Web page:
Past events

Information about the past few years' lectures are listed below.

If you have a query about a lecture given earlier than 2013, please contact the office and they can consult the Society's archives.

2019

 

We are delighted to offer our members an exclusive tour of the 'Leonardo da Vinci: A Life in Drawing' exhibition at Manchester Art Gallery followed by refreshments.  The exhibition marks the 500th anniversary of the death of Leonardo da Vinci and there are 12 of the Renaissance master's greatest drawings in the Royal collection on display.

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Off the northernmost tip of Scotland lie the Orkney Islands; it is said that if you scratch its surface Orkney bleeds archaeology. This is nowhere truer than in the Heart of Neolithic Orkney World Heritage Site that is renowned for some of the most iconic prehistoric monuments of Atlantic Europe.

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This year, the four Annual Section Meetings (the 4 sections being Arts, Science & Technology, Social Philosophy and Young People) will be held sequentially over a one-hour period, lasting a maximum of 15 minutes each, starting at 5.30 p.m. on 28th March.

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In this lecture Professor Bill Newman will discuss the technological advances in genomic medicine that now allow us to undertake whole genome sequencing for an individual in a time frame and at a cost that make it feasible as a test within standard healthcare.

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Magic Lanterns

Dr Jeremy Brooker

A lecture-entertainment devised by Dr. Jeremy Brooker, renowned magic lantern performer and current Chairman of the Magic Lantern Society. 

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Polio - the Rocky Road to Zero

Professor Sir Liam Donaldson

Many people think that polio is gone from the world. Only those now over 70 years old can remember the devastating paralysis it caused in childhood. The introduction of a vaccine was transformative and swept the disease out of most affluent countries of the world very quickly. Over time, the battle against the disease was won in low- and middle-income countries too.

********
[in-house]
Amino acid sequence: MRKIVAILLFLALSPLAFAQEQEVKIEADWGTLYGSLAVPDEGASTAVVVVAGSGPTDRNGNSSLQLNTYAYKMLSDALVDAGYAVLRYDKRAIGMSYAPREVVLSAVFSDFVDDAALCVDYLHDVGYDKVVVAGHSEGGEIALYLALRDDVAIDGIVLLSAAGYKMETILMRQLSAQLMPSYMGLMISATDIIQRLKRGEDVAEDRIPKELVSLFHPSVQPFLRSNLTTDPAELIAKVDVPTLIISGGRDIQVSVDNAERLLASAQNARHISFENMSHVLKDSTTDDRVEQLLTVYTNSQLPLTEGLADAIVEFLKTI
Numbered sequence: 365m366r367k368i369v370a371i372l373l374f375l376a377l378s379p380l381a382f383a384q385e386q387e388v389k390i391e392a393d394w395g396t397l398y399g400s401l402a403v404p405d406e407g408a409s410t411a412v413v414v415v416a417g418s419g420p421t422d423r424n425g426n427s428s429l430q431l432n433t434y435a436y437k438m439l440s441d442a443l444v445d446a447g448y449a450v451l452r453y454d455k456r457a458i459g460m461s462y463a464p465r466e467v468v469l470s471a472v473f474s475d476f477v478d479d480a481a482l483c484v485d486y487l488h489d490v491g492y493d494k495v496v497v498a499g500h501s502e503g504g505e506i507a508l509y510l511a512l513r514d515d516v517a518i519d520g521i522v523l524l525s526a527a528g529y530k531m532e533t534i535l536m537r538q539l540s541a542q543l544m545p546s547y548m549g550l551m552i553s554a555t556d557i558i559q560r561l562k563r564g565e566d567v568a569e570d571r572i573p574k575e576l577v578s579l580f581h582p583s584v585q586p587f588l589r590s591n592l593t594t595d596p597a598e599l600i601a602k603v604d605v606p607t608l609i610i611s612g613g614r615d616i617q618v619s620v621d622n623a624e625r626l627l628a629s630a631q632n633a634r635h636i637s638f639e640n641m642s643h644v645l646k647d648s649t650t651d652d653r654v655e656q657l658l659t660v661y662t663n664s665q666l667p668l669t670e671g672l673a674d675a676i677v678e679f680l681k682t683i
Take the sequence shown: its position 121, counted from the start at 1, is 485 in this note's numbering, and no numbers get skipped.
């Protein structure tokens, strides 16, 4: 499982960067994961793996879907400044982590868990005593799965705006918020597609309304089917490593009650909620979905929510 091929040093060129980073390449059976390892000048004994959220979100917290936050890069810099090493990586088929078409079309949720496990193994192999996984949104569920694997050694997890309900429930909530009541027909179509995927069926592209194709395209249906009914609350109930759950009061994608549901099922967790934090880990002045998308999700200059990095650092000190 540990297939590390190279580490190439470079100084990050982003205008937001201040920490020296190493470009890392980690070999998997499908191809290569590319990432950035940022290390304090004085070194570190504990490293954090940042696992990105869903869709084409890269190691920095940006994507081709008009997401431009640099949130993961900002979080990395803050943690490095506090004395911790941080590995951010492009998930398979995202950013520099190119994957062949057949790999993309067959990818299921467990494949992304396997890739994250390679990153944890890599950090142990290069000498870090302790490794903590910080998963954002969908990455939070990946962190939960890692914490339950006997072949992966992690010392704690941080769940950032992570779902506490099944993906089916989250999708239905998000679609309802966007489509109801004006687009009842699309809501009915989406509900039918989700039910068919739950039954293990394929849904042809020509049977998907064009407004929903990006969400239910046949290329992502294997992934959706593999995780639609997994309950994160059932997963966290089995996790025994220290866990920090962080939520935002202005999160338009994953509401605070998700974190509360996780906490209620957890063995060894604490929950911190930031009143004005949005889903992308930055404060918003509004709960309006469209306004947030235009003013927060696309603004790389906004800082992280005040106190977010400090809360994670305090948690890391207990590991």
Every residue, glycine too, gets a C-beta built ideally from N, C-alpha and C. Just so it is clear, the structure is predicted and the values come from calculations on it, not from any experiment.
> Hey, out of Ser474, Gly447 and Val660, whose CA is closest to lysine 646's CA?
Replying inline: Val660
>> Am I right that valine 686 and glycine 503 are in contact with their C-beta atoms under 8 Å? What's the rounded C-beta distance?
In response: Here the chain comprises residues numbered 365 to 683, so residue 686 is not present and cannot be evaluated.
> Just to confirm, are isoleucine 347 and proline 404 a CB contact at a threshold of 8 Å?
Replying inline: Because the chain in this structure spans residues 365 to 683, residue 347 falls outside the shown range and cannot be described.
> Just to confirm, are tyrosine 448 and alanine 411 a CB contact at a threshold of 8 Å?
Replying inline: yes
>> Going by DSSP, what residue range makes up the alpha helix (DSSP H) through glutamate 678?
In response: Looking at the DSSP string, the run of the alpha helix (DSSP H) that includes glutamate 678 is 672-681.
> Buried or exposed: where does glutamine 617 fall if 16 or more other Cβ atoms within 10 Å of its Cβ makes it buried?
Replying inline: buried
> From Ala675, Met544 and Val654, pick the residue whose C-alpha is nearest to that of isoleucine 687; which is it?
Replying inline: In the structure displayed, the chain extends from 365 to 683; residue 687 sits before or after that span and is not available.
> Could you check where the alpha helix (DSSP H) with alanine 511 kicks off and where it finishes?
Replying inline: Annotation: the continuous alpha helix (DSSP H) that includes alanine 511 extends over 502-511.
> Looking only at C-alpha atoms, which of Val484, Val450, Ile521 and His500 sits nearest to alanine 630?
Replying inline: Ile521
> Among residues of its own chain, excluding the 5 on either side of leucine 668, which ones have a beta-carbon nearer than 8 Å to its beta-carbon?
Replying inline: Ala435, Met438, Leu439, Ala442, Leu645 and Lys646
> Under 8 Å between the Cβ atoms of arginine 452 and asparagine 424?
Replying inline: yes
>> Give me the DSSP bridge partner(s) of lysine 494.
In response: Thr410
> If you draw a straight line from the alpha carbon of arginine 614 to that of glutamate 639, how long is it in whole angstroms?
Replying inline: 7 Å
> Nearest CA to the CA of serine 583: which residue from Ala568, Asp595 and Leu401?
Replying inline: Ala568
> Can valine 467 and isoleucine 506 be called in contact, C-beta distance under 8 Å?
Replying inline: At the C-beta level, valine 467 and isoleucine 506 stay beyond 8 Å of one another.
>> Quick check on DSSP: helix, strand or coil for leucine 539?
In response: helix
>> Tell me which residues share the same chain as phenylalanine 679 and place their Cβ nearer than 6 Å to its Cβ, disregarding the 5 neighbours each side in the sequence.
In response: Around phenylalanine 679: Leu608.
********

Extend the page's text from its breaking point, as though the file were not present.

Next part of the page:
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Almost every week a paper is published describing a new battery technology that is going to revolutionise the world and provide a step change in battery performance. Yet, this never appears to happen...but why? And can we expect the rate of improvement to change significantly? 

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Molecular Surgery with CRISPR-Cas9

Professor David Hornby
The field of Genetic Engineering was born out of fundamental research into bacterial defence mechanisms against viral infection (termed restriction and modification). During the 1970s companies such as Genentech (Genetic Engineering Technology) in Silicon Valley and Biogen in Europe began to translate these discoveries into pioneering medical applications. 

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Lindsay Anderson called Humphrey Jennings “the only true poet of the English cinema”. This lecture asks whether propaganda can be poetic through an exploration of two of Jennings’ GPO and Crown Film Unit productions from 1940 and 1942, London Can Take It and Listen to Britain...

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The programme ‘Old People's Home for 4 Year Olds’ was an experiment in which a group of children carried out their usual nursery activities in a retirement community with a group of older volunteers. The impact of such intergenerational learning often had surprising results...